Update: Amsterdam, Netherlands-based delivery service Just Eat Takeaway announced this afternoon it has entered into an all-stock deal with Grubhub. Just Eat Takeaway will acquire 100 percent of Grubhub’s shares, and the merging of the two companies will create one of the largest food delivery services in the world. The news puts Uber, which had previously been in talks with Grubhub, out of the running.
It seems that the bidding war for Grubhub is coming to an end before it ever really got started. Multiple news outlets today have reported that Uber Is ready to pull out of its proposed deal to buy Grubhub while Just Eat Takeaway is in advanced discussions to buy the latter.
CNBC reported today that Uber will likely to pull out the proposed deal with Grubhub because of antitrust concerns that have been raised over it by multiple Democratic lawmakers. Amy Klobuchar, D-Minn., summed up the concerns in the following statement (reported by CNBC):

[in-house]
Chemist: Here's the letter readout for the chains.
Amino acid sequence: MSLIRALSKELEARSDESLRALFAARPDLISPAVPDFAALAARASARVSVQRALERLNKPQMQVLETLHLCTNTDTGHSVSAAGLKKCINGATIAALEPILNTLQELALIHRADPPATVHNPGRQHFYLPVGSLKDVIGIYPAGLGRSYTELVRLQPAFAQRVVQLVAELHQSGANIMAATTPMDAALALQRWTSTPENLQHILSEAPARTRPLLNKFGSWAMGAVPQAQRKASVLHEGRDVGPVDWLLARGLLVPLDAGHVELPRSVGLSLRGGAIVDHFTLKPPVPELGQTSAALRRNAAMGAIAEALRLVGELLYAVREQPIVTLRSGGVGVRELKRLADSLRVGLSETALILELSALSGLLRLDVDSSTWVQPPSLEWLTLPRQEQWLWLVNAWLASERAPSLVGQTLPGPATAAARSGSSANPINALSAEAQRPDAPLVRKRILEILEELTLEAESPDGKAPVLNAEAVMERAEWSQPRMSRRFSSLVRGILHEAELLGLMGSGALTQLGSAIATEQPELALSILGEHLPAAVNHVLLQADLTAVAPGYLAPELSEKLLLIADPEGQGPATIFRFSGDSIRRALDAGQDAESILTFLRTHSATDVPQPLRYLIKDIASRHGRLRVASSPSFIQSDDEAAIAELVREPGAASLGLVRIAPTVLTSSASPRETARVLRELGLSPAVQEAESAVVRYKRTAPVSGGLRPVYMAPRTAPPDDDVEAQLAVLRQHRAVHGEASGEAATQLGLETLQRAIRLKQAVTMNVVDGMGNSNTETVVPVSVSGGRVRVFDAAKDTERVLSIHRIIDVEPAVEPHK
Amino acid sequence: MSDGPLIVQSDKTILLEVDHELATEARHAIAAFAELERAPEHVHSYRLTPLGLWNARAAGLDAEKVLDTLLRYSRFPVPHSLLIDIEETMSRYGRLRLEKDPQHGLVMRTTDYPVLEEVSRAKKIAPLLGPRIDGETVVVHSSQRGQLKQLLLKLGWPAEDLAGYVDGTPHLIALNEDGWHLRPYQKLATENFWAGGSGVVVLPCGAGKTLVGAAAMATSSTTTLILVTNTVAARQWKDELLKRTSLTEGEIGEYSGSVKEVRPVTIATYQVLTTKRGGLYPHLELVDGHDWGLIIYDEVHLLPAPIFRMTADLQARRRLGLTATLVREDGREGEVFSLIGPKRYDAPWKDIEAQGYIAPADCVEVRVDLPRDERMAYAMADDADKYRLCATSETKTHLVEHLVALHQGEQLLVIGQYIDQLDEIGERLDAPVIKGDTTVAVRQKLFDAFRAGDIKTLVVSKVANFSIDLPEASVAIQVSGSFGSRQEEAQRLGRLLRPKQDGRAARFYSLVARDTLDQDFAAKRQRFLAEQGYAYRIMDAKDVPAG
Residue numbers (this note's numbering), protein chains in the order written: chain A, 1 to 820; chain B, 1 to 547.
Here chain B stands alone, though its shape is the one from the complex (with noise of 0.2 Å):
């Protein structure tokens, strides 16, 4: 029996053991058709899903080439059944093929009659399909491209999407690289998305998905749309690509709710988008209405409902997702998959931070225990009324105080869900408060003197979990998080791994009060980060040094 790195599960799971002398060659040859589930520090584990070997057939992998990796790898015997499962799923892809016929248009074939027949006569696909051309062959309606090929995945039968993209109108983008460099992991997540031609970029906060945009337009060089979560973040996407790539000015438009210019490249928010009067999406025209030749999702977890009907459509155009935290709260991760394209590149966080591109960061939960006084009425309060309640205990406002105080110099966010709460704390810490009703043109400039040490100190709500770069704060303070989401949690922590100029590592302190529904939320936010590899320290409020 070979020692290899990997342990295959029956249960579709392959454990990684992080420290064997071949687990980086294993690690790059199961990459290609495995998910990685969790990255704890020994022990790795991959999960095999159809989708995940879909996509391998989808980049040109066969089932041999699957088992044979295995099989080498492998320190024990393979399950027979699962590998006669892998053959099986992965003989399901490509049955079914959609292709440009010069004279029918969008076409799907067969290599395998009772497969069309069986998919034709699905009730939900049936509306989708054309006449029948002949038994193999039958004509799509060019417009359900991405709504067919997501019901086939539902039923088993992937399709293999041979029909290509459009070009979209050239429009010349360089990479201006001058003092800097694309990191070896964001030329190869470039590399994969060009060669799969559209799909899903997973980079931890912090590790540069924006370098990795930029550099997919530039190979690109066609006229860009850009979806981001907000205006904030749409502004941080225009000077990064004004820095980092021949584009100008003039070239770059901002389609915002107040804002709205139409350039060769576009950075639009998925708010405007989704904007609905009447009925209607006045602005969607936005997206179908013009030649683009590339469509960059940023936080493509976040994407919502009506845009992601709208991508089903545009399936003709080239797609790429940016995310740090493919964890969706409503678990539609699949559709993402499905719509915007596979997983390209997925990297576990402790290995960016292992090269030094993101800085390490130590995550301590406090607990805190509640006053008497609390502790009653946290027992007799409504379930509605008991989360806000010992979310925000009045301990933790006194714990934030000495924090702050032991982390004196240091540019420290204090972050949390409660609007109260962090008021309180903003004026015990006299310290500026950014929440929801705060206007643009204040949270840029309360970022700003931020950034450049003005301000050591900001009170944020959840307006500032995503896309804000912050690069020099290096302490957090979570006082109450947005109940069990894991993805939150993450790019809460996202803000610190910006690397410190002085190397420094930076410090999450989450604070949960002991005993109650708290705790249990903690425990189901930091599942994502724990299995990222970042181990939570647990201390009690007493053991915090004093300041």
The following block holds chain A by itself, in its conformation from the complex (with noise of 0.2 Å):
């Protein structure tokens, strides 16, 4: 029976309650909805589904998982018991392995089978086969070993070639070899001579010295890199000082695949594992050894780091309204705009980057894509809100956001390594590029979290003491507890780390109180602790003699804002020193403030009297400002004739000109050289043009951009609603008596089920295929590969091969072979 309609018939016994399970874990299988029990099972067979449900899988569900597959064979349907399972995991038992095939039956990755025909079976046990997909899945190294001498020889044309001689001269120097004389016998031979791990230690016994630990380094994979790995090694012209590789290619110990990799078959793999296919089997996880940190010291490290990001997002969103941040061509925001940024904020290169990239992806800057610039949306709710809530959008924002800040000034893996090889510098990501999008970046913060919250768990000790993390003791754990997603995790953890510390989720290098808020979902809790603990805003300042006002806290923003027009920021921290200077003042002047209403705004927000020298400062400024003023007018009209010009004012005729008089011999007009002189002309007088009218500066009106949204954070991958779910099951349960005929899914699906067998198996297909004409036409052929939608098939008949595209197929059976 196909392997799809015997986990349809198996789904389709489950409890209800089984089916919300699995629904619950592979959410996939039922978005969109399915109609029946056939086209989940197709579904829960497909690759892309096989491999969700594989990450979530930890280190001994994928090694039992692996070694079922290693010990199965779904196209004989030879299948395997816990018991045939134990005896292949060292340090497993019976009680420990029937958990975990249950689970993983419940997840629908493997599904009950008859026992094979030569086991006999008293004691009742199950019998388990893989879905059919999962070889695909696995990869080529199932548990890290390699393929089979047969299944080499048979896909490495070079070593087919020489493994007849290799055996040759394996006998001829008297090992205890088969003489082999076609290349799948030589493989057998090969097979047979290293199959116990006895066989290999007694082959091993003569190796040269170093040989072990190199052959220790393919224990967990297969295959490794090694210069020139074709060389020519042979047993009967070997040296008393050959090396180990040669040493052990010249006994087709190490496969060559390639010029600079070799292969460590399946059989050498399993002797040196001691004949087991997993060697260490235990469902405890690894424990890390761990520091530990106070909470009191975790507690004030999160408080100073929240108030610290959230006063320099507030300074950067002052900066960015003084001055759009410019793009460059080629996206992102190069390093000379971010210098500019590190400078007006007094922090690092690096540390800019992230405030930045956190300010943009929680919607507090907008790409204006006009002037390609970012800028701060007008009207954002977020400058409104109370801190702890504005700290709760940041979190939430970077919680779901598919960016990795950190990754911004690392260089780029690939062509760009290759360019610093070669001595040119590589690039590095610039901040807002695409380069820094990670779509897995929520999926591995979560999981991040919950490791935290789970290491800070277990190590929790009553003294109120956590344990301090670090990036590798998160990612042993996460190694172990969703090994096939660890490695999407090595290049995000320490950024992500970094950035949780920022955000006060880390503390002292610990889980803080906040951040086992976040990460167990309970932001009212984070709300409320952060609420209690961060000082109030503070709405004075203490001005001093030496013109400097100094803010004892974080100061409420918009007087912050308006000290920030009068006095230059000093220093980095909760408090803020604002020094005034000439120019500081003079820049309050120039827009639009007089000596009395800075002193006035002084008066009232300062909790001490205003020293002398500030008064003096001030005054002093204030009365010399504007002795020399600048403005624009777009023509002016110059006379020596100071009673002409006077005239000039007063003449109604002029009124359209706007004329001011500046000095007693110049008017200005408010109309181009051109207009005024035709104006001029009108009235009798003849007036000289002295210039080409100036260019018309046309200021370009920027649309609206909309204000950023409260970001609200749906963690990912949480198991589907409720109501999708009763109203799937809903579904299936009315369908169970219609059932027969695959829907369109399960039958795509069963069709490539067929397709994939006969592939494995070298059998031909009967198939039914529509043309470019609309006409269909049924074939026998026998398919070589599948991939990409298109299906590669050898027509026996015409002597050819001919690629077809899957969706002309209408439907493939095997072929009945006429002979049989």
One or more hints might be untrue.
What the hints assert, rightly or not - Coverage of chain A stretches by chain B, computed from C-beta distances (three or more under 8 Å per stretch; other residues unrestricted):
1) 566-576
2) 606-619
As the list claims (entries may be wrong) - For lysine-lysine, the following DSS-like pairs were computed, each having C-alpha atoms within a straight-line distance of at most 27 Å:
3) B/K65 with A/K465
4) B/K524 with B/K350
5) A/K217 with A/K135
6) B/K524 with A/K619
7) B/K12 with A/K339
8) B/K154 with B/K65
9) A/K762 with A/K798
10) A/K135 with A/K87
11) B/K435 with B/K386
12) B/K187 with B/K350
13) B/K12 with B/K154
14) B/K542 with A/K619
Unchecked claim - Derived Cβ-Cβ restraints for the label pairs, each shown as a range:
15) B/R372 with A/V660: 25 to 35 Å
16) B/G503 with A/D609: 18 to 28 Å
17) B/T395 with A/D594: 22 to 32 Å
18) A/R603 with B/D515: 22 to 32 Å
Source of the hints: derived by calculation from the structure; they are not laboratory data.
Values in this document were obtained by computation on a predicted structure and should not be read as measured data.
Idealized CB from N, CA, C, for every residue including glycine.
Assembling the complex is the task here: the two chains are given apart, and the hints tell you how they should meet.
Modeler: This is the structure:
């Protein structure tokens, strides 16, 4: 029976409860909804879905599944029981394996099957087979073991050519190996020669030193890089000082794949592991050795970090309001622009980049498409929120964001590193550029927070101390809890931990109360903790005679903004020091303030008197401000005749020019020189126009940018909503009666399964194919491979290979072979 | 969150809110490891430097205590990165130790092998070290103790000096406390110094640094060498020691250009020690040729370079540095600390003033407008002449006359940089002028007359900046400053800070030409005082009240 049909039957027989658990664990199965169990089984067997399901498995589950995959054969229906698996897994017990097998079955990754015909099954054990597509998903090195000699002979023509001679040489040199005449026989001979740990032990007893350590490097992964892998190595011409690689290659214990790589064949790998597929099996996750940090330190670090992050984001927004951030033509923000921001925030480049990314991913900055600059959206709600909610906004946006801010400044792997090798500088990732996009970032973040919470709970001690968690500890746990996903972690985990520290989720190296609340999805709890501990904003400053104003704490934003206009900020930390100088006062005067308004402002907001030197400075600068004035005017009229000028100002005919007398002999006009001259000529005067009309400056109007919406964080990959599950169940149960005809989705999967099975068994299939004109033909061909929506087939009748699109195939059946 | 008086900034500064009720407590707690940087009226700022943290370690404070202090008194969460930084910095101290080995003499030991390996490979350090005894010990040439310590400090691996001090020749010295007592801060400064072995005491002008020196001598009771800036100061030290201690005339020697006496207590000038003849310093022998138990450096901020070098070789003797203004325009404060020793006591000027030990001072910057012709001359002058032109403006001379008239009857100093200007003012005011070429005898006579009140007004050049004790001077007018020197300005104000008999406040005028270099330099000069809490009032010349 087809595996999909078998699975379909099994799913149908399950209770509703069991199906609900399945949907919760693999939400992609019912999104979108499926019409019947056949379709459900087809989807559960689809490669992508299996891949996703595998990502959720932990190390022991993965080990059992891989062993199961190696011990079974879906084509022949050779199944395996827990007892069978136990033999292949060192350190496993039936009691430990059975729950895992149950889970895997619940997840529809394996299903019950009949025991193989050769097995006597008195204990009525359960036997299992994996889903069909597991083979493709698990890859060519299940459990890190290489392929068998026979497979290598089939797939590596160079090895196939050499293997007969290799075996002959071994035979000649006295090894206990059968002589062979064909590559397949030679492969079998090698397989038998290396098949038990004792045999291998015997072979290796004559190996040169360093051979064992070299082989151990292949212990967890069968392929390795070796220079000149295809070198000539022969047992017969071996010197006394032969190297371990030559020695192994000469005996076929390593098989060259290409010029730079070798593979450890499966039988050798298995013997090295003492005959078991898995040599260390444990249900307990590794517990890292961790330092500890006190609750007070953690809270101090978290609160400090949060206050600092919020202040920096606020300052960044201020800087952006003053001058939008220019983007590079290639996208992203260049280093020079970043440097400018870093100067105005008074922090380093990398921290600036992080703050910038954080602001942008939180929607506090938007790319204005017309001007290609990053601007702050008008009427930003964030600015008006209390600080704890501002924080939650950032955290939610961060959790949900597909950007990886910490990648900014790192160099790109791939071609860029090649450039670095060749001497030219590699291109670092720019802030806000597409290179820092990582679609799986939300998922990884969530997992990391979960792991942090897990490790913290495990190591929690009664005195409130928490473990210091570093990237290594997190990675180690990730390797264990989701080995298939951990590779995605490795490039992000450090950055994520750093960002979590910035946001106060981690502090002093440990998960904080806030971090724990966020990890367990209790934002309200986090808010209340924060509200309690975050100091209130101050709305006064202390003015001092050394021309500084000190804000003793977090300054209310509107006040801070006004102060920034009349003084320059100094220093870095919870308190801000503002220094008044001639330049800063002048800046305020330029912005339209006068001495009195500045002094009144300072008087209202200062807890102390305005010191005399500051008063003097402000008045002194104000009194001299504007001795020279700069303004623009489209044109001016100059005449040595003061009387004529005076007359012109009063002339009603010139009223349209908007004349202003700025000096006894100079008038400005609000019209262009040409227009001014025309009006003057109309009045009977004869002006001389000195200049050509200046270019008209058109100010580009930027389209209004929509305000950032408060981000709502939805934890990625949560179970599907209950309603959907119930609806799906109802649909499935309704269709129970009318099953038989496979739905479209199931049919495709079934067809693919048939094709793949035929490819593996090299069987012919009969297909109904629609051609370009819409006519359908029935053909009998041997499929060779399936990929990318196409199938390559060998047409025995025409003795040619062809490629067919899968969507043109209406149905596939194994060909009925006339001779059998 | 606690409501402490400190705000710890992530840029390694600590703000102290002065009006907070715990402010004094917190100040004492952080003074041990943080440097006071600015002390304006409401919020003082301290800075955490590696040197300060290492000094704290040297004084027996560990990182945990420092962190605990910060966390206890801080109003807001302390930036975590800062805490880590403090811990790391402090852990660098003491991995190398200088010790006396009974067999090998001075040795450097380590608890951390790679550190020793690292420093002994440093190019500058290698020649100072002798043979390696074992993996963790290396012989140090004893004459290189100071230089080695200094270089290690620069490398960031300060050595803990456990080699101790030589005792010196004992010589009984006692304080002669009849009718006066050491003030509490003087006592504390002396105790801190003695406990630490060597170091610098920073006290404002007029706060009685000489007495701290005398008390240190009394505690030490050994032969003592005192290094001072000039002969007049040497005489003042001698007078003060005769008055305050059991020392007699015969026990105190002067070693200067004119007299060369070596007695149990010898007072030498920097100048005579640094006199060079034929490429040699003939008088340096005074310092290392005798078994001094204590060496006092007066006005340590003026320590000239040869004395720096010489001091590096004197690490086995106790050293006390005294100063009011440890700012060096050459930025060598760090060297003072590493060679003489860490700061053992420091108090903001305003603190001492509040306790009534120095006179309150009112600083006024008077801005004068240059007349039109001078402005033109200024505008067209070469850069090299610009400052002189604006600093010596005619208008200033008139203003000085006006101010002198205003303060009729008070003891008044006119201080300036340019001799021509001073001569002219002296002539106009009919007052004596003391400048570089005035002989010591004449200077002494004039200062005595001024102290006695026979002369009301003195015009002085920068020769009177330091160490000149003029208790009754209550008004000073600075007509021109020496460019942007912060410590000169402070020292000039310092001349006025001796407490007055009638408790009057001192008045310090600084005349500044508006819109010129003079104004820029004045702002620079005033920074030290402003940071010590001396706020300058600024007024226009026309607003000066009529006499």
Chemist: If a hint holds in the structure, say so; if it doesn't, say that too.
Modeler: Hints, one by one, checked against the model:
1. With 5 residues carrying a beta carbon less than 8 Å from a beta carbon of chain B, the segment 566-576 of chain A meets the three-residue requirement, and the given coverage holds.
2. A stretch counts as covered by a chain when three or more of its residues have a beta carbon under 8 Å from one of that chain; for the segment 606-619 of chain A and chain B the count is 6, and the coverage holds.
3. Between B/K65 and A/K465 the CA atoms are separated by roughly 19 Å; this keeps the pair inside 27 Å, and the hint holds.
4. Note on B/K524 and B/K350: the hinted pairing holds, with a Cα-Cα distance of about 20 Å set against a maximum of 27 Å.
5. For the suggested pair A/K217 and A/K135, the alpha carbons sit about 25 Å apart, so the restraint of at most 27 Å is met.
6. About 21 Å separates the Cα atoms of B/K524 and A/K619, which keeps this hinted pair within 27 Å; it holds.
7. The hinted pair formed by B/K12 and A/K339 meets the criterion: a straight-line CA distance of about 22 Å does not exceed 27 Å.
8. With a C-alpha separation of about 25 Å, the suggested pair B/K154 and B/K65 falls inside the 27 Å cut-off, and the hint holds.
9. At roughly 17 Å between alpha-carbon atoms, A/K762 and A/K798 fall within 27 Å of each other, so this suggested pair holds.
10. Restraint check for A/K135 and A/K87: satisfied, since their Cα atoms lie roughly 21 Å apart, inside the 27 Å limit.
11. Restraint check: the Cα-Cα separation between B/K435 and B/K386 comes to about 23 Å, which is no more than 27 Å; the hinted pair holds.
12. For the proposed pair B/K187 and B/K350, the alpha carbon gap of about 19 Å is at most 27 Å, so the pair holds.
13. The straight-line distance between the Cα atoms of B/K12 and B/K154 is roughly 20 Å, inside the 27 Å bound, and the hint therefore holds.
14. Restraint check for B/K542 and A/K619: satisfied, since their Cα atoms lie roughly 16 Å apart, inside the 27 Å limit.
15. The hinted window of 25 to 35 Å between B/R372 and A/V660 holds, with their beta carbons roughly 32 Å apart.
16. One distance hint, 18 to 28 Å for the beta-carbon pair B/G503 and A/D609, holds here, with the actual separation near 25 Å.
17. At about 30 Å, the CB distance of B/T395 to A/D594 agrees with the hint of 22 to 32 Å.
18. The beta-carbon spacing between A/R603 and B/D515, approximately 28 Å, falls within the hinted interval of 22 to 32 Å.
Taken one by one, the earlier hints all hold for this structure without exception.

“I have repeatedly raised concerns and advocated against a potential merger between Uber and GrubHub. During this pandemic, when millions are out of work and many small businesses are struggling to stay afloat, our country does not need another merger that could squelch competition. News that the Uber/Grubhub deal may not materialize would be good for both consumers and restaurants.”
Meanwhile, at the start of this week, Grubhub looked to have two suitors from Europe, Delivery Hero and the newly formed Just Eat Takeaway. According to a press release from today, Just Eat Takeaway is in “advanced discussions with Grubhub regarding an all-share combination of Just Eat Takeaway.com with Grubhub.”
A deal with a European company would raise fewer regulatory flags because it would still mean four major third-party delivery players operated in the U.S. market: DoorDash, Uber Eats, Postmates, and Grubhub-Just Eat Takeaway. Uber buying Grubhub would have knocked that number down to three, eradicating some competition.